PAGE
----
MATTHEW HEUSSER:  we don’t care how many spaces you have when you indent. One line…


MATTHEW HEUSSER:  Where you put your curly braces? We don’t care.

JESSICA INGRASSELLINO: I would be such a failure as a Perl programmer [laughter].

MATTHEW HEUSSER:  And in Perl, that’s the argument against it. It’s easier to shoot yourself in the foot. It’s easier to write a bunch of gobbled spaghetti code, but my curled always looked good, because I kind of cared about being consistent.  Next piece of news, There’s so much going on… the Russian hack, and I’m really uncomfortable with calling it a hack, because it was… someone used a phishing attack, which was very low-tech, to get the username and password from Podesta, and then they did that, and then they got a whole bunch of emails and gave them to WikiLeaks. So the American people actually knew what their elected representatives were emailing each other…  and apparently that was done by Russia, and now it’s “hacking the election”.  When I hear that, I think they broke into the ballot boxes or the computers, or they somehow changed the votes, all they somehow change the counting system, but it’s more like “they let the American people see the emails of their elected representatives, talking about things that they were doing that were not good.”  Is that really Russia hacking the election? Is that really a Russian hack?

PERZE ABABA:  is it really a hack, or was that just influence to push public opinion into a different direction?

MATTHEW HEUSSER:   So we talk about “growth hacking”, which is a strategy to get people to use your stuff by giving away free things that you manage to stick in their email signatures or whatever, or providing people incentives. In the old sense of, like, a clever technique to change an outcome, I guess it was a hack.

JESSICA INGRASSELLINO: I feel like it was social engineering.

PERZE ABABA:  I agree, too. Because I mean if you look at that New York Times article that shows how it was framed, and how the mistake was made, was because someone within the DNC looked at that email and said “Look, this is an illegitimate email. Don’t click on it”, and for some reason, that person typed “legitimate” instead of “illegitimate”, and that’s how that link was clicked. Everything else was accessed after that.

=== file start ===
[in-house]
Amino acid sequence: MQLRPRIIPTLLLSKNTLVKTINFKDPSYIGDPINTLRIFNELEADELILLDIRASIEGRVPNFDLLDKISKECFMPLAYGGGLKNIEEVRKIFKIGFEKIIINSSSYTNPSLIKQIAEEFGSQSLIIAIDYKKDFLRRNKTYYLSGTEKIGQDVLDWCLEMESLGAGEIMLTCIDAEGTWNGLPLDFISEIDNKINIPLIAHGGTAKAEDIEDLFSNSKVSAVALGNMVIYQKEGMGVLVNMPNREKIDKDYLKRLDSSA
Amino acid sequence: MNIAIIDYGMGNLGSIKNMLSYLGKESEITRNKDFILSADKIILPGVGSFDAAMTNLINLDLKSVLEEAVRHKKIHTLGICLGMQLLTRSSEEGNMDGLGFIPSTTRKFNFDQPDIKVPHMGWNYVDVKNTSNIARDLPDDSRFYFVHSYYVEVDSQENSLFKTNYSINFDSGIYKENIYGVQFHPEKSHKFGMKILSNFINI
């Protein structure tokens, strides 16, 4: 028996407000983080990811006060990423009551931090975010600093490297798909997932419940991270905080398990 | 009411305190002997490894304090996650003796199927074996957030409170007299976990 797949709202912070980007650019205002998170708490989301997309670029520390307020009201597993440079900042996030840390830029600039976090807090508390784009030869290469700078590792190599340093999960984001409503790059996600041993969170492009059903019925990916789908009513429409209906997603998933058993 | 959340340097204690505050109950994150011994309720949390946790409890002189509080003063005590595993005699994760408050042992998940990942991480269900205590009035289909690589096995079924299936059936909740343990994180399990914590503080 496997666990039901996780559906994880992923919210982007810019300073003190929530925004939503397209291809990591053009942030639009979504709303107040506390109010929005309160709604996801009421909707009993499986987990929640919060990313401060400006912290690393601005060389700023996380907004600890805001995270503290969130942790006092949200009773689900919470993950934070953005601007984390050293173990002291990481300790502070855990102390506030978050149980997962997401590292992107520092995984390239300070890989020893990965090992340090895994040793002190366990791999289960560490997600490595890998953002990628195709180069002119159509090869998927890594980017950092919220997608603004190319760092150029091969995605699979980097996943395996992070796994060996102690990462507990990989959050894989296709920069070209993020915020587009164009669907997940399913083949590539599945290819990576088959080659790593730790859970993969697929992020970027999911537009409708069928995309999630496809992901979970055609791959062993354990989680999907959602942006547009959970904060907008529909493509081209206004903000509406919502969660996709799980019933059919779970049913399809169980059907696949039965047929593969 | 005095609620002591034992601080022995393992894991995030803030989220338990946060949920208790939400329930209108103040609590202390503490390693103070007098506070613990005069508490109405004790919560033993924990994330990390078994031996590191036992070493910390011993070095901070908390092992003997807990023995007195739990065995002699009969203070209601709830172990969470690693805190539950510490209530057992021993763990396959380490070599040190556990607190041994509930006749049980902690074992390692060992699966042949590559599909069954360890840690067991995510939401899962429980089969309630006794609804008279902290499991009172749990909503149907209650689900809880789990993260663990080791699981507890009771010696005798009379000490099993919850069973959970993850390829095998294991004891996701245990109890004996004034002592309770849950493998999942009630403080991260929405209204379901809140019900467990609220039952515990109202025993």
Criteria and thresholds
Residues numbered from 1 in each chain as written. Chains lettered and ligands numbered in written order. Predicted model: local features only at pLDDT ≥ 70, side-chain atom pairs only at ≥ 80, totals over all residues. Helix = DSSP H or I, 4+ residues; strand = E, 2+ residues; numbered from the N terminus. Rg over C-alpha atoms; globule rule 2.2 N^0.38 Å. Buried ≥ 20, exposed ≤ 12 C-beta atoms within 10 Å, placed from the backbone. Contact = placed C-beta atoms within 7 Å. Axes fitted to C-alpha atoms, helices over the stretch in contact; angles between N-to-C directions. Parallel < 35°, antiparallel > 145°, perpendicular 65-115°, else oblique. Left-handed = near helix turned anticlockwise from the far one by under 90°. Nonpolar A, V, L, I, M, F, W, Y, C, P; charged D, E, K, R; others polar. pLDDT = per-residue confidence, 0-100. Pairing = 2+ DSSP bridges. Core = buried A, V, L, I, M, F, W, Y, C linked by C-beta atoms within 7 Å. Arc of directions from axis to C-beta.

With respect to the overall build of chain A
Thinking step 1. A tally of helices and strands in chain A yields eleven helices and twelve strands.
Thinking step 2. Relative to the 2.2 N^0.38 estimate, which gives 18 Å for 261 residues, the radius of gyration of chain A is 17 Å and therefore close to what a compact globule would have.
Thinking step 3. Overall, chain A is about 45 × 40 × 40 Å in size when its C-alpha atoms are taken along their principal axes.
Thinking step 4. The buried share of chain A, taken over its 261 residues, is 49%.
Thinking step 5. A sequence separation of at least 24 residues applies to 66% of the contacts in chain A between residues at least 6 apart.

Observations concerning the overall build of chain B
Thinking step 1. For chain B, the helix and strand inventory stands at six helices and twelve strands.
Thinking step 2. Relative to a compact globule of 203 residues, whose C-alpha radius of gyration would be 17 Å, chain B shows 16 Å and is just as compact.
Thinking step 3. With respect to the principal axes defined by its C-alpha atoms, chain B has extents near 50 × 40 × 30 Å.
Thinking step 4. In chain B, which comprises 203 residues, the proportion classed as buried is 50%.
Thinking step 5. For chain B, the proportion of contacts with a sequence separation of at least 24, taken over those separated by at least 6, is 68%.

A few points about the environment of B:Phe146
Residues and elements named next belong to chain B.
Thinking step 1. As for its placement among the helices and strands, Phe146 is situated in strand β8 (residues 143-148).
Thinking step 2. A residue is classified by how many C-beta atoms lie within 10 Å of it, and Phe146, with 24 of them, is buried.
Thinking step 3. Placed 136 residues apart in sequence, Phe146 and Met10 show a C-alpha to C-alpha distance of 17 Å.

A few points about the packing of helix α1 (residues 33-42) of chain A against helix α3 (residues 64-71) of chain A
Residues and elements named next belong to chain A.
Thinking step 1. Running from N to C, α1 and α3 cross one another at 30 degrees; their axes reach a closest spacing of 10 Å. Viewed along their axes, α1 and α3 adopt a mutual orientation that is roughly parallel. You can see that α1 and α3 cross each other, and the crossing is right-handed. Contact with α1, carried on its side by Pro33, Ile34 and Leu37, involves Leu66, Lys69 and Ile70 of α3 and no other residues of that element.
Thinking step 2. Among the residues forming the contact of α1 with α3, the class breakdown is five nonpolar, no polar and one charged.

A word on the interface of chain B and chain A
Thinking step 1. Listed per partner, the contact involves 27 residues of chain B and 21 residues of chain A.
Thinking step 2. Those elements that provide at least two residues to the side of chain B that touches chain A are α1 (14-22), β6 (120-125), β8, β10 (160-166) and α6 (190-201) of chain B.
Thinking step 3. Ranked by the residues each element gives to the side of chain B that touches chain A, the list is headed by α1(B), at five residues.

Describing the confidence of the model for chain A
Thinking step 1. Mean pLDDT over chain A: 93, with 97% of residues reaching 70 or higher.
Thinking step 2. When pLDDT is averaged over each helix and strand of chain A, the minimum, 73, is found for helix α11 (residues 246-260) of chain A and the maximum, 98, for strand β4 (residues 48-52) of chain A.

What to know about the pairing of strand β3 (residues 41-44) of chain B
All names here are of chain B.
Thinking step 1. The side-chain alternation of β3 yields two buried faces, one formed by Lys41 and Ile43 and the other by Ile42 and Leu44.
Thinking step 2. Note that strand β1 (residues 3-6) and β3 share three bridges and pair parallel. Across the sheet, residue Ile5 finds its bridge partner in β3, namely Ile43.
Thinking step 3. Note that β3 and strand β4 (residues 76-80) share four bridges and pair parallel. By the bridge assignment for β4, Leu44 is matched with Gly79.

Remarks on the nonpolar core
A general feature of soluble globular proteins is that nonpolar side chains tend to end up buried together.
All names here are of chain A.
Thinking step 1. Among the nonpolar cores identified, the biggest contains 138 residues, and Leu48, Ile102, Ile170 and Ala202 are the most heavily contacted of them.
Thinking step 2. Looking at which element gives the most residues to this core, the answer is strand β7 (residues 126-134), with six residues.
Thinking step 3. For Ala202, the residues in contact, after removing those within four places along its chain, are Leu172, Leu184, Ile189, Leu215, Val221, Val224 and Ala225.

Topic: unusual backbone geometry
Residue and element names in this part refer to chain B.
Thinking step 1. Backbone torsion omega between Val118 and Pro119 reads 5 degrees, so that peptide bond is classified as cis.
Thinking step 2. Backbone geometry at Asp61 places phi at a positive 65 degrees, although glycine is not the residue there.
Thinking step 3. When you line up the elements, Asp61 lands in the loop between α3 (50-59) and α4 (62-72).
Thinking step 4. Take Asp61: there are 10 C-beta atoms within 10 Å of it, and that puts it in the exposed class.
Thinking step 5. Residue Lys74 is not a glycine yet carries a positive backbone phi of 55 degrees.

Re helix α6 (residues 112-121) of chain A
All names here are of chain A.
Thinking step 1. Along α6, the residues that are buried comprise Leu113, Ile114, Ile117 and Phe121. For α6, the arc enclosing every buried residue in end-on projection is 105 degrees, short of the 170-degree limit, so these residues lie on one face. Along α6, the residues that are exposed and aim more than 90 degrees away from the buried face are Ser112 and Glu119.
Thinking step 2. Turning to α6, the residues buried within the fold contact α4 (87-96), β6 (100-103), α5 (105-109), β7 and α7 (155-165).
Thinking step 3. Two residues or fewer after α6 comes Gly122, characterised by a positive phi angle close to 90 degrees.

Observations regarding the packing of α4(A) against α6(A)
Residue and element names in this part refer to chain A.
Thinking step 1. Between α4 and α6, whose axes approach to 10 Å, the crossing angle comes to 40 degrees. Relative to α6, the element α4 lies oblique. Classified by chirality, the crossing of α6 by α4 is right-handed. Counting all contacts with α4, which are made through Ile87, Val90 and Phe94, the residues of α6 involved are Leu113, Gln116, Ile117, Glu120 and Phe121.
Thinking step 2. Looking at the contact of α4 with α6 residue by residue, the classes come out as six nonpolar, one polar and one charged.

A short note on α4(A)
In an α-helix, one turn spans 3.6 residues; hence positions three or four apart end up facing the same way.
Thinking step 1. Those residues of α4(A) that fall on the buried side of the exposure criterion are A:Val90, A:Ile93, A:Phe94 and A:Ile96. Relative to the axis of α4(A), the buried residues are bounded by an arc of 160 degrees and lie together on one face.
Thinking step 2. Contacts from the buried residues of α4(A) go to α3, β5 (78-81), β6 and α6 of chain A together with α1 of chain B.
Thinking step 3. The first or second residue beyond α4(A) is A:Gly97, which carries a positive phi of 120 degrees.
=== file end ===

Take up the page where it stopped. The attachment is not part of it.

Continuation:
MATTHEW HEUSSER:   it was AutoCorrected, right? That was the theory?

PERZE ABABA: I’ve played with that after I read that. If you type “illegitimate” and “legitimate”, I didn’t see any AutoCorrect triggers.

MATTHEW HEUSSER:   if he had spelt it wrong, I don’t know, it’s really weird. I can’t imagine. Maybe he just type-o’d, and forgot the “i”. That’s just ridiculous. So this huge thing, which potentially changed the election, all comes down to “someone made a typo”. So we are going to be in business for a long time, I think…  which brings me to my next piece of news. At Agile Testing Days in Germany, Gojko Adzik was giving a keynote[x], and he said, “all exploratory testing work, those jobs will go away in five years because of the rise of artificial intelligence, neural networks, and machine learning.

JUSTIN ROHRMAN: Well, is he presenting a keynote from 10 years ago?

ALL: [Laughter]

JUSTIN ROHRMAN: That’s not exactly a new sentiment.

MATTHEW HEUSSER:  The first time I heard that job was going to go away was 2004 at STAREast, when I presented on test driven development. Of course, it’s been five years since “Test is Dead”. Test is dead was 2011. Can you believe that? Been five years; not dead yet!

JUSTIN ROHRMAN: I feel like people who make that assertion just don’t really understand what testing is. Like if you think it is going to go away, you clearly don’t understand what testing actually is.

MATTHEW HEUSSER:   From what I could tell, he was very specifically talking to quick attacks, cheat sheet level, “I’ve got Elisabeth Hendrickson’s paper printed out on my desk, and all I do is send in bad input to the thing and look for it to fail” kind of stuff.

JUSTIN ROHRMAN:  So he’s saying “more of the stuff that can be automated will be automated in the future”. That sounds reasonable.

MICHAEL LARSEN:  That’s my take on it, too. Yeah, if it is something that can be codified, then sure, I do think it’s safe to say that it probably will be automated at some point, but you still have to actually understand what a program is doing and what the steps are that matter before you can get to a point of actually automating it. I think we talked about that in the last couple of shows, didn’t we? [Laughter]

MATTHEW HEUSSER:   I think it would be interesting to create a tool that used those things to simulate and got some of the benefits from quick attacks. I’m talking to people about that tool, so I don’t think now is the time to elaborate on it, but I think to say that it’s all going to be done in five years is premature. Newspapers aren’t gone. The radio isn’t gone. I have a hard time seeing human thinking testers gone. There might be less of them. It might be hard to find the “cool jobs” at the next Google. They might be working at a bank, or an insurance company or not the coolest…